The First Grade Rex Rabbit Skins have the softest, silkiest and densest fur of our rabbit skins line. These top of the line rabbit skins are soft-tanned, big, and very heavily furred. The feel of these luxurious pelts are these closest you can get to a sheared beaver skin - but at a fraction of the cost! The Rex rabbit hair is about 0.75" long.
Our Size AA skins are the biggest and the silkiest, while the rest is graded by size. Comparing AA to C, the former are skins that are nice, large, thick and plush, while the latter are smaller and not as plush.
Some skins will be a bit smaller because the skins tend to shrink somewhat when dyed. You will be impressed with the quality of the dye job. These skins will not lose their color if they get wet.
These rex rabbit skins average 12" to 16" long and 11" to 14" wide.
We measured a random Size AA skin and it was 16" long by 14" wide, weighing 0.3 lbs, while a Size C skin measured 12.5" long by 11" wide, weighing 0.2 lbs.
The approximate size breakdown is as follows:
- Size AA: 186 sq. inches (1,200 sq. cm.) per skin
- Size A: 155 sq. inches (1,000 sq. cm.) per skin
- Size B: 139.5 sq. inches (900 sq. cm.) per skin
- Size C: 124 sq. inches (800 sq. cm.) per skin
Do not dry clean
Do not dry clean
the rabbit skins as the dry cleaning process will remove the natural oils from
the rabbit skin. For Washing Instructions and Eucalan™ Wool Wash.
Why Do Rabbit Skins Often Have Yellow Edges?
The white rabbit skins in particular often turn yellow on the edges over time. It is common for many people to believe that these are urine
stains from when the rabbits were in the cage. The real problem is that fat on the rabbit skins runs when the rabbit skins get warm or are stored too long. If the rabbit skins are fresh, they are usually snowy white - even in summer. It is only after the rabbit skins have been sitting in a hot warehouse for months, if not years, that the rabbit skins yellow.
All of the rabbits
that we get from our preferred tannery in Spain are fresh goods. The rabbit skins
have usually been tanned only weeks before they are sent to us on our monthly shipment. In general, our rabbit skins will be some of the whitest ones available.
We are the rabbit skin experts! We have been importing rabbit skins since 1996 and receive frequent shipments from overseas. According to U.S. Department of Commerce statistics, we are one of the largest importers of tanned rabbit skins in the United States. We sell to distributors, craft supply companies, gift shops, trading posts, clipper sharpening firms, manufacturers, designers, and crafts people.
We have dealt with a number of tanneries in 8 countries and now work closely with a tannery that is more concerned with quality than simply volume. The rabbit skins from this tannery are washed three times instead of two as is common at most tanneries and are alum tanned instead of using the more conventional chrome tanning process. This special preparation makes the rabbit skins softer and more supple to work with. The regular rabbit skins (not the females) tend to have thinner skin than some skins from eastern Europe. The thinner skins are easier to work with when sewing garments.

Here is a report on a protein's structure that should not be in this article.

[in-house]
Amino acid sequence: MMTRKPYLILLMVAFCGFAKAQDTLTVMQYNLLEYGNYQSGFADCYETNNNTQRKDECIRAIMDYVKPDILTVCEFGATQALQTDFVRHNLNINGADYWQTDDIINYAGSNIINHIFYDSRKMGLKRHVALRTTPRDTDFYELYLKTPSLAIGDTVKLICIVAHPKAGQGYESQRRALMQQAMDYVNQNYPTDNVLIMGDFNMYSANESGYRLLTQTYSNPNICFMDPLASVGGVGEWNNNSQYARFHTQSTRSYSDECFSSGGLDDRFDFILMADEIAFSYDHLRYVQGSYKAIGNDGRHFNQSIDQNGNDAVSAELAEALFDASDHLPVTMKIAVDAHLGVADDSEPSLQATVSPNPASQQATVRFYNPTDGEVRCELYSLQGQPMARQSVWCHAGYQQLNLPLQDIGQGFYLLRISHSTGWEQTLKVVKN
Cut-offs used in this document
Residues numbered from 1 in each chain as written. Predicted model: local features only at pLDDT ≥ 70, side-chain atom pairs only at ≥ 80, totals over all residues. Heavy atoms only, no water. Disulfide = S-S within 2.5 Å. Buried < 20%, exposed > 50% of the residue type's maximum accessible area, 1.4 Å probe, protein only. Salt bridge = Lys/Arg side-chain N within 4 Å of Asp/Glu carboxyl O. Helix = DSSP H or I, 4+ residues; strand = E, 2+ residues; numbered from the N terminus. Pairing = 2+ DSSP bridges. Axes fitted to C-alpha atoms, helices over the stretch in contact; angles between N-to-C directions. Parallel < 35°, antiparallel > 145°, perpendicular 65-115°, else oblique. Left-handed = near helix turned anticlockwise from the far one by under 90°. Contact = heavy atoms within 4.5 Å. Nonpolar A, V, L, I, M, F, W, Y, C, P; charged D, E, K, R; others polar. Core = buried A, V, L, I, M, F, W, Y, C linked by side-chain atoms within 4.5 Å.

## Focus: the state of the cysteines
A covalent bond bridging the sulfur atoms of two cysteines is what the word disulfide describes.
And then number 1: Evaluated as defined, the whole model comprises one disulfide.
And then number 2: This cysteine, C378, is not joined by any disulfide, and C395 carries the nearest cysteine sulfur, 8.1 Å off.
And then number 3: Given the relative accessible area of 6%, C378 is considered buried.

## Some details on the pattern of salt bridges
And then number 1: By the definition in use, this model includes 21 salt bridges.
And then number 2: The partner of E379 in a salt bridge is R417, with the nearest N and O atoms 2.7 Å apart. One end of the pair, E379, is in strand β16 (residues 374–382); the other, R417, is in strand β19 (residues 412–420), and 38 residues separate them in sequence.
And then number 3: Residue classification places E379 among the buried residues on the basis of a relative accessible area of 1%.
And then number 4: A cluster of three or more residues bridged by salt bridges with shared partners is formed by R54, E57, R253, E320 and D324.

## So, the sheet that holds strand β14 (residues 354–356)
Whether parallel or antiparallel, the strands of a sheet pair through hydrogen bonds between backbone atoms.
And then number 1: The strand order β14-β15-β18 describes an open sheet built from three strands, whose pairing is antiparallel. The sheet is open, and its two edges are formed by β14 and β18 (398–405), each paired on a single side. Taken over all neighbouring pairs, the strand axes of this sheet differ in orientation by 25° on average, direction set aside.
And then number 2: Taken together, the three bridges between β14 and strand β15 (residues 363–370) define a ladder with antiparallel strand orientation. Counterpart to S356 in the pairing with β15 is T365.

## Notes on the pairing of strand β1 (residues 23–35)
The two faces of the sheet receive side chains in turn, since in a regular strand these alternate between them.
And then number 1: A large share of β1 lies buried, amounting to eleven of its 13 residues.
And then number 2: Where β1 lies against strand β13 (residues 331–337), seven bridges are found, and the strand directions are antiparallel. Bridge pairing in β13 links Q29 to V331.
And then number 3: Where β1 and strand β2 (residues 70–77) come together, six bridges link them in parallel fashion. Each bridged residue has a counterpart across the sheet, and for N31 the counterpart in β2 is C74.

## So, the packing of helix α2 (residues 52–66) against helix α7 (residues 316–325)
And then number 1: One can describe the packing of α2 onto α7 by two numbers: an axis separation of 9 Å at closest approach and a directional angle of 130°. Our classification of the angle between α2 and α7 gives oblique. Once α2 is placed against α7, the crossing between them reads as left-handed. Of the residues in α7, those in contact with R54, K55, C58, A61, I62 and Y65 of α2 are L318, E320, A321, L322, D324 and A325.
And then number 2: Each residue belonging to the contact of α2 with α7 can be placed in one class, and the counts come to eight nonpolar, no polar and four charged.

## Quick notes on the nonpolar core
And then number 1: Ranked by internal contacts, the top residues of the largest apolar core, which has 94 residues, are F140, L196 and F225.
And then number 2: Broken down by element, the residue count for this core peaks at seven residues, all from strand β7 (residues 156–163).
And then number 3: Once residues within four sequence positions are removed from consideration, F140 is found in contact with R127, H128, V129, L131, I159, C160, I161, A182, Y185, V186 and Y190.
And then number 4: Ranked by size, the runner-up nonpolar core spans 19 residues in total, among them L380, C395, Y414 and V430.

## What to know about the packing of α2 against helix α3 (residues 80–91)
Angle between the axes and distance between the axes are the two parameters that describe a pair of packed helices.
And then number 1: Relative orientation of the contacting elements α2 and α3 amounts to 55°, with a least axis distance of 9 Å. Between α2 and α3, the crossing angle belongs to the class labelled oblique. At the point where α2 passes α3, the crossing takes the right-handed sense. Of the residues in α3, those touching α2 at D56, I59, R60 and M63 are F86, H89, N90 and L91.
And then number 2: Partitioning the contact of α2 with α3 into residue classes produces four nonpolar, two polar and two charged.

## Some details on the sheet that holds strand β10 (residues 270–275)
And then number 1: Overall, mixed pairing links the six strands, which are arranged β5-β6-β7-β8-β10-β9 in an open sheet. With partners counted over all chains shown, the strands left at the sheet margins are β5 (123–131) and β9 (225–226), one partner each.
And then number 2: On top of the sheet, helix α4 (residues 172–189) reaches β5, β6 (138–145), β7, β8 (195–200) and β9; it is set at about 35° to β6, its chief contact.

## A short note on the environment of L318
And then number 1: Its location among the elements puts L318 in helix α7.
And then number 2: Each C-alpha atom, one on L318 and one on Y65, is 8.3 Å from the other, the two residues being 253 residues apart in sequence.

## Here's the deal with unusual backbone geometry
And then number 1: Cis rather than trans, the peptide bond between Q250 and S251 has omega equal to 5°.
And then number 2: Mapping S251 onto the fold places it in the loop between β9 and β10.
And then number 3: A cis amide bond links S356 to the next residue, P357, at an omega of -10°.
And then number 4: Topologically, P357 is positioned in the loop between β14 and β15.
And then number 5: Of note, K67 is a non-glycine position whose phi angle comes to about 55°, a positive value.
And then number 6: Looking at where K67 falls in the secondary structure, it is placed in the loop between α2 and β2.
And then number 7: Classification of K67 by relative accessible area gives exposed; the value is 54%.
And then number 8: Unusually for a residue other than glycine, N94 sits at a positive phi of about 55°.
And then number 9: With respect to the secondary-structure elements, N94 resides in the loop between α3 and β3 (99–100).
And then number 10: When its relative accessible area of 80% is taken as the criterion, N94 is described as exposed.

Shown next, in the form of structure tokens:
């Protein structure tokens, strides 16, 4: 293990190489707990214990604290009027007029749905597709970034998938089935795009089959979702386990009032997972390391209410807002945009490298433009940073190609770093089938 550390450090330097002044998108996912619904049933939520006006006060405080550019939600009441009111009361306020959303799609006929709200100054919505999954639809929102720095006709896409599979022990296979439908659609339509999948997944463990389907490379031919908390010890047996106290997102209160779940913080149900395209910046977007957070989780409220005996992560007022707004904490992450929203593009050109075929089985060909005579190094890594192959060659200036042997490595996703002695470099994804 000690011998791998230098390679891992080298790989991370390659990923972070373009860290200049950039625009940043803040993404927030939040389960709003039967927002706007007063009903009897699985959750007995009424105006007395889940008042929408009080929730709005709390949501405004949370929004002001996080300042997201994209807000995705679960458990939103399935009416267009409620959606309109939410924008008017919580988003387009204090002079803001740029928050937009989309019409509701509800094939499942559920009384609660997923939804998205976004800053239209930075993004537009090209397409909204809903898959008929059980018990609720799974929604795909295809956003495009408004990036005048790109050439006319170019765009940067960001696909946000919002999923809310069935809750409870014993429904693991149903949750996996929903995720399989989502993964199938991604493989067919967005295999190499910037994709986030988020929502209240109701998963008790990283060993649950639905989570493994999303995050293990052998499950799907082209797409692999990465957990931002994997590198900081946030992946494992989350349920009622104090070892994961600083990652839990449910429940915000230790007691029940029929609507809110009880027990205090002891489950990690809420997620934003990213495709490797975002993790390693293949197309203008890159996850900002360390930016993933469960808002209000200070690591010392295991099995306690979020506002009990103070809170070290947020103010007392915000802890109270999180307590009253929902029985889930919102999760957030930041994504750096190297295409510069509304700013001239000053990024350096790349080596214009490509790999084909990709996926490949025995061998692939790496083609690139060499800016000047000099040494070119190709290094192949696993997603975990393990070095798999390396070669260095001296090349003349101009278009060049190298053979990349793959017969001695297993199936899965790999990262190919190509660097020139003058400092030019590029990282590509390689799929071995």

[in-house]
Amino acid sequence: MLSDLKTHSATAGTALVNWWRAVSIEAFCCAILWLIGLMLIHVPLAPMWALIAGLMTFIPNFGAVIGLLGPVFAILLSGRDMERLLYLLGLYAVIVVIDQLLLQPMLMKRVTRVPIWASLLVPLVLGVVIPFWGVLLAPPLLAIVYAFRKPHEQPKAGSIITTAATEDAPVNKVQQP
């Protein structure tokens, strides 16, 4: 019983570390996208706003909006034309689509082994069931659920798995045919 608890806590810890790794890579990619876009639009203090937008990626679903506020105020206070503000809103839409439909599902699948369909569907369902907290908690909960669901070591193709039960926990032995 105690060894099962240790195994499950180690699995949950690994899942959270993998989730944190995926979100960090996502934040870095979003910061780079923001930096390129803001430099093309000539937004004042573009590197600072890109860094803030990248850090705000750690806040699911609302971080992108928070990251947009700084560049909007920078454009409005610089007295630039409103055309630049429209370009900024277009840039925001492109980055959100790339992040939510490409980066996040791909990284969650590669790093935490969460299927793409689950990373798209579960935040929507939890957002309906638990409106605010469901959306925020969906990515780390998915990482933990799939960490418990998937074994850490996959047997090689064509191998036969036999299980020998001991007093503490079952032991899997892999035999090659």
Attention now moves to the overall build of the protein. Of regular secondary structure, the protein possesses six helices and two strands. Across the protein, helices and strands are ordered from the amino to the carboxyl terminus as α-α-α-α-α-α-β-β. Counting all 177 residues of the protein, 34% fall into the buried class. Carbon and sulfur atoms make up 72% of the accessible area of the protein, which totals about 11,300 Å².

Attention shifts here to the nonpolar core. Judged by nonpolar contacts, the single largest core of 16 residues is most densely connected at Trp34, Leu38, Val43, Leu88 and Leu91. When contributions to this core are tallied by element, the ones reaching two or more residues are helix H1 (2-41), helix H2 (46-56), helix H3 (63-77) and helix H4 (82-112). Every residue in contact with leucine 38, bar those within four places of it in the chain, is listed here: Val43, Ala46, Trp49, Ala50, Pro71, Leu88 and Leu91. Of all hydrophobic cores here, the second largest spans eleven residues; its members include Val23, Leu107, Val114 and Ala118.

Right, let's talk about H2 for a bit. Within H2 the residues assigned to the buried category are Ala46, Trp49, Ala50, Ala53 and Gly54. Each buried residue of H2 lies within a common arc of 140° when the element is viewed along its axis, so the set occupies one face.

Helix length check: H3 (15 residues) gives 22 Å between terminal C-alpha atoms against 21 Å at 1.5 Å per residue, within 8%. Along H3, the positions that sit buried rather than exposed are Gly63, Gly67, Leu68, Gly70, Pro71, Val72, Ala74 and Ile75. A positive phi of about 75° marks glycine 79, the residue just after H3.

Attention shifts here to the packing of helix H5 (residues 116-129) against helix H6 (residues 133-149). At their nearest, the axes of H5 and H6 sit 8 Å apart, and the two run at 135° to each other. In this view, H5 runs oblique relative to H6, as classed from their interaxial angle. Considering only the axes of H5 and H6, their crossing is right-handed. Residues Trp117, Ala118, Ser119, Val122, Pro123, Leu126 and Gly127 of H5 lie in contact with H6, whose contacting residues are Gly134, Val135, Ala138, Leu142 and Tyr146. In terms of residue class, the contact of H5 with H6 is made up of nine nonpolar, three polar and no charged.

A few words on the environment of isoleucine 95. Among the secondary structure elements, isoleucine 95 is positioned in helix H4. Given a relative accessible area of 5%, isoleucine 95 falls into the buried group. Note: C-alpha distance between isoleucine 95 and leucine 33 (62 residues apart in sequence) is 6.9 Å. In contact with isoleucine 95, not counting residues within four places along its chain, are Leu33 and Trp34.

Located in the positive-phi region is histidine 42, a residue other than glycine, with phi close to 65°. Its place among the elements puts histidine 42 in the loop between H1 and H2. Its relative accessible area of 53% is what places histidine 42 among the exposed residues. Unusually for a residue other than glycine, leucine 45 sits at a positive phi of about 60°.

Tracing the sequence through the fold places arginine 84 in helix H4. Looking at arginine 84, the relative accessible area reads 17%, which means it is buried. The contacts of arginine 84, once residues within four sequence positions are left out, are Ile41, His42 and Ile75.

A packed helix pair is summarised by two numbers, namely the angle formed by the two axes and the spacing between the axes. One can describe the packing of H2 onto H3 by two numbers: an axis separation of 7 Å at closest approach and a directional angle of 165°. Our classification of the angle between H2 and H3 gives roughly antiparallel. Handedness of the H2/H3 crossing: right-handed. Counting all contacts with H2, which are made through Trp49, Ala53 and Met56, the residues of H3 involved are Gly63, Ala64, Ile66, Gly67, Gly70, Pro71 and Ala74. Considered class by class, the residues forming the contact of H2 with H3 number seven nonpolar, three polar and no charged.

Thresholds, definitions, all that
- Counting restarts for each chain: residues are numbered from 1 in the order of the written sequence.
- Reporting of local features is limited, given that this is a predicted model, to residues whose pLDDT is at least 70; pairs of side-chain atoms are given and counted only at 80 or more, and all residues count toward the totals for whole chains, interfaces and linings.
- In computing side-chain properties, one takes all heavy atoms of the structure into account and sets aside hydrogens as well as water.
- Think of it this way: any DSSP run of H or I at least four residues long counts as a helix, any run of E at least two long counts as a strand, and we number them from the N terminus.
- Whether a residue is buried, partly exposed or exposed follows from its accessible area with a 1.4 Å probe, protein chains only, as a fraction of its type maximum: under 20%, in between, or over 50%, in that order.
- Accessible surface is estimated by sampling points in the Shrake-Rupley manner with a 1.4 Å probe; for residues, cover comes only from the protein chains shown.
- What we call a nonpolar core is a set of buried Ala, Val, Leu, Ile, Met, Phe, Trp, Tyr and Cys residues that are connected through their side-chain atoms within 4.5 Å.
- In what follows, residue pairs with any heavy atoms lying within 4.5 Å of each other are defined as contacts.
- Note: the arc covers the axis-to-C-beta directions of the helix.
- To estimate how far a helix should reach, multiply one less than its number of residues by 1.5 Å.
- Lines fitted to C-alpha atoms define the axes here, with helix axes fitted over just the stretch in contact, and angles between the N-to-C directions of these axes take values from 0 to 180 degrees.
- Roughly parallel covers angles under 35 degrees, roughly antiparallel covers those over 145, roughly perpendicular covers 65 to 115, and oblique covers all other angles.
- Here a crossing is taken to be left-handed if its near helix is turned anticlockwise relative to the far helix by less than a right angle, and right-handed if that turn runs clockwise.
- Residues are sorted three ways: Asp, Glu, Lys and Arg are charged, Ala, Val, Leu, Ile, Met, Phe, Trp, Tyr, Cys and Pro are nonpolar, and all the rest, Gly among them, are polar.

We are also interested in growing our business and know that if we ship you what you expect, you will re-order from us. We know what is in the market and are appalled at what some people charge for low quality rabbit skins. Compare our rabbit skins to those of others. We think you will be surprised.
A Note On Odor
Please note that the dyed rabbits skins do have a chemical odor as a result of
being dyed. They may also have a mothball odor as well because we have to prevent bugs from getting into the rabbit skins. You can reduce this odor by either airing the rabbit skins out or by tumbling the rabbit skins in a dryer with a dryer sheet on very low heat for no more than five minutes. Any more than this will shrink the rabbit skins and you will no longer have the option to return them if unsatisfied. If you're worried that the rabbits skins may leave an odor in your dryer, we suggest you use a public laundromat.
Where Do the Rabbit Skins Come From?
In many parts of Europe and Latin America, the people there eat rabbits the way we eat chickens in North America. The skins are a by-product of the food-processing industry. The rabbits are raised for meat, not for their skins.
The domesticated rabbit skins can be exported without obtaining an export permit from the U.S. Fish and Wildlife Service. Transit times by air mail are usually 3-10 business days by regular air mail, not including customs delays. If the shipment is sent by surface (sea), the transit time jumps to 4-6 weeks.